After months of waiting, iOS 8 has finally been released for everyone to download and enjoy. The next generation for Apple’s mobile operating system brings plenty of new features. With an upgraded camera app, a new and intuitive health app and much more, this is sure to be an update you won’t want to forego.
In today’s Cult of Mac video, we give you a quick look at what iOS 8 has to offer. Install the new software and take advantage of a number of useful tweaks and enhancements.
One of the many new features in iOS 8 is iCloud Drive, which is basically Apple’s take on Dropbox. Unlike how iCloud has functioned in the past, iCloud Drive acts as the hub for all of the files stored by your apps in the cloud.
It’s a great idea, but most people should avoid enabling it during the iOS 8 installation process today.
Throughout the summer I’ve been fortunate enough to follow iOS 8 through its beta versions. Every update is better than the last, but still iOS 8 could be better. With Apple’s big reveal just days away, the world is hoping for new products — but we can’t forget the software they’ll be running.
In today’s video, I’ll run down the top five things I’d like to see Apple add to iOS 8 to put it over the top. A better Control Center is just one of the items on my wishlist.
While iCloud has been a trusty storage companion for photos and documents, Apple’s recently announced iCloud Drive upgrades what we already know and love about the service. In today’s video, we take a look at five ways iCloud Drive will upgrade your life when Apple rolls out the enhanced service alongside iOS 8 and OS X Yosemite.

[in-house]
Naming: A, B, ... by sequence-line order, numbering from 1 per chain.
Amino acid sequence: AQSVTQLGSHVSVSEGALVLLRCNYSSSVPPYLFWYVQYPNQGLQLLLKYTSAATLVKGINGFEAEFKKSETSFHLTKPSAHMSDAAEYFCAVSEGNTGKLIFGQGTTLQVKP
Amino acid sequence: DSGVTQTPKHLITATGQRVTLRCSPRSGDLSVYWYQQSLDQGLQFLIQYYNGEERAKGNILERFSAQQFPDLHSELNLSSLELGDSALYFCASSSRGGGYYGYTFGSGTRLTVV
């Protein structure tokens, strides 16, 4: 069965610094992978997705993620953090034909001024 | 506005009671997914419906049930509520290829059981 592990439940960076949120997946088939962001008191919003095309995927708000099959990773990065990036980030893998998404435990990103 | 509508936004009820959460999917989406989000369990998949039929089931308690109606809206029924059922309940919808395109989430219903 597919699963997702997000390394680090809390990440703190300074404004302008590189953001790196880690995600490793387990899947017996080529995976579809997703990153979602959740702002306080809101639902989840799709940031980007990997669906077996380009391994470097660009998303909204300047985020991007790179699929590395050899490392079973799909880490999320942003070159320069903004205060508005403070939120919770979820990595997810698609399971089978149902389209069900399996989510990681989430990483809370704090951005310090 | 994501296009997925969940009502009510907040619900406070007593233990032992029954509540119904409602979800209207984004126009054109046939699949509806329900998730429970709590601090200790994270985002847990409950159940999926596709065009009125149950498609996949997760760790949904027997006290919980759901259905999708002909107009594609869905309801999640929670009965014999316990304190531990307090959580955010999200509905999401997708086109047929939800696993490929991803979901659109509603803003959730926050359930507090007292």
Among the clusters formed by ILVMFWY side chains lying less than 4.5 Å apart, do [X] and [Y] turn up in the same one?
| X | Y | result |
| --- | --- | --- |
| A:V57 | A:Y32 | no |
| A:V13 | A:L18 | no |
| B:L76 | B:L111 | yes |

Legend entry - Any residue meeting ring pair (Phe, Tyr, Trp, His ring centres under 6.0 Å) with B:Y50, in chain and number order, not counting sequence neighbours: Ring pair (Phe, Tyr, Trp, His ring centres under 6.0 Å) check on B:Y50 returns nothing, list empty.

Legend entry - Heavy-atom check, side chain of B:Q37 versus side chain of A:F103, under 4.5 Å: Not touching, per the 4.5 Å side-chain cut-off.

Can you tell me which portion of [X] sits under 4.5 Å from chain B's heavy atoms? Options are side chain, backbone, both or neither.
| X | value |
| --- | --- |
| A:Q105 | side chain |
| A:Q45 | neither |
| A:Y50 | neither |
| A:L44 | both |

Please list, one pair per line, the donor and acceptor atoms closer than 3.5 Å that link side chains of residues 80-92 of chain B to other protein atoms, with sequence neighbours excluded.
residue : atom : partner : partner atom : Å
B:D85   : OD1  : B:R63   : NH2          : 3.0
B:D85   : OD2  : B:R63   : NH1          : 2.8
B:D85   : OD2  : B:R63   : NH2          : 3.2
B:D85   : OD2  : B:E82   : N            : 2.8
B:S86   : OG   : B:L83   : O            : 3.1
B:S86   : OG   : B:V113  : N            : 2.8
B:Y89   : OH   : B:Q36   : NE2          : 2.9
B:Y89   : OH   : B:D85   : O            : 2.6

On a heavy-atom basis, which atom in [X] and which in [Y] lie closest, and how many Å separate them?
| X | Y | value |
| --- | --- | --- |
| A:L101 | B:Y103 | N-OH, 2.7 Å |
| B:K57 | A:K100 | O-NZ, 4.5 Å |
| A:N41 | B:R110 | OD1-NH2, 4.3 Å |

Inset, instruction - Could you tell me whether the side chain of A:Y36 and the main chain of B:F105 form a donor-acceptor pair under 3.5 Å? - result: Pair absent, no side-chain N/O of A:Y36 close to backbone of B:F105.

Craig Federighi, Apple’s senior vice president of software engineering, unveils OS X Yosemite to the world at WWDC 2014. Photo: Roberto Baldwin/The Next Web
With iOS 8 and OS X Yosemite, Apple is finally showing us its idea of how we’ll compute in the future. Perhaps not surprisingly, this pristine vision of our computing destiny — unveiled after years of secret, patient and painstaking development — aligns perfectly with how we currently use our computers and mobile devices.
The keynote at this year’s Worldwide Developers Conference earlier this month not only showed off a new way to think about computing, based on data not devices, but also silenced pretty much every criticism leveled at the company over the past few years.
Let’s take a look at Apple’s new way of doing things, which fulfills Steve Jobs’ post-PC plan by minimizing the importance of the Mac.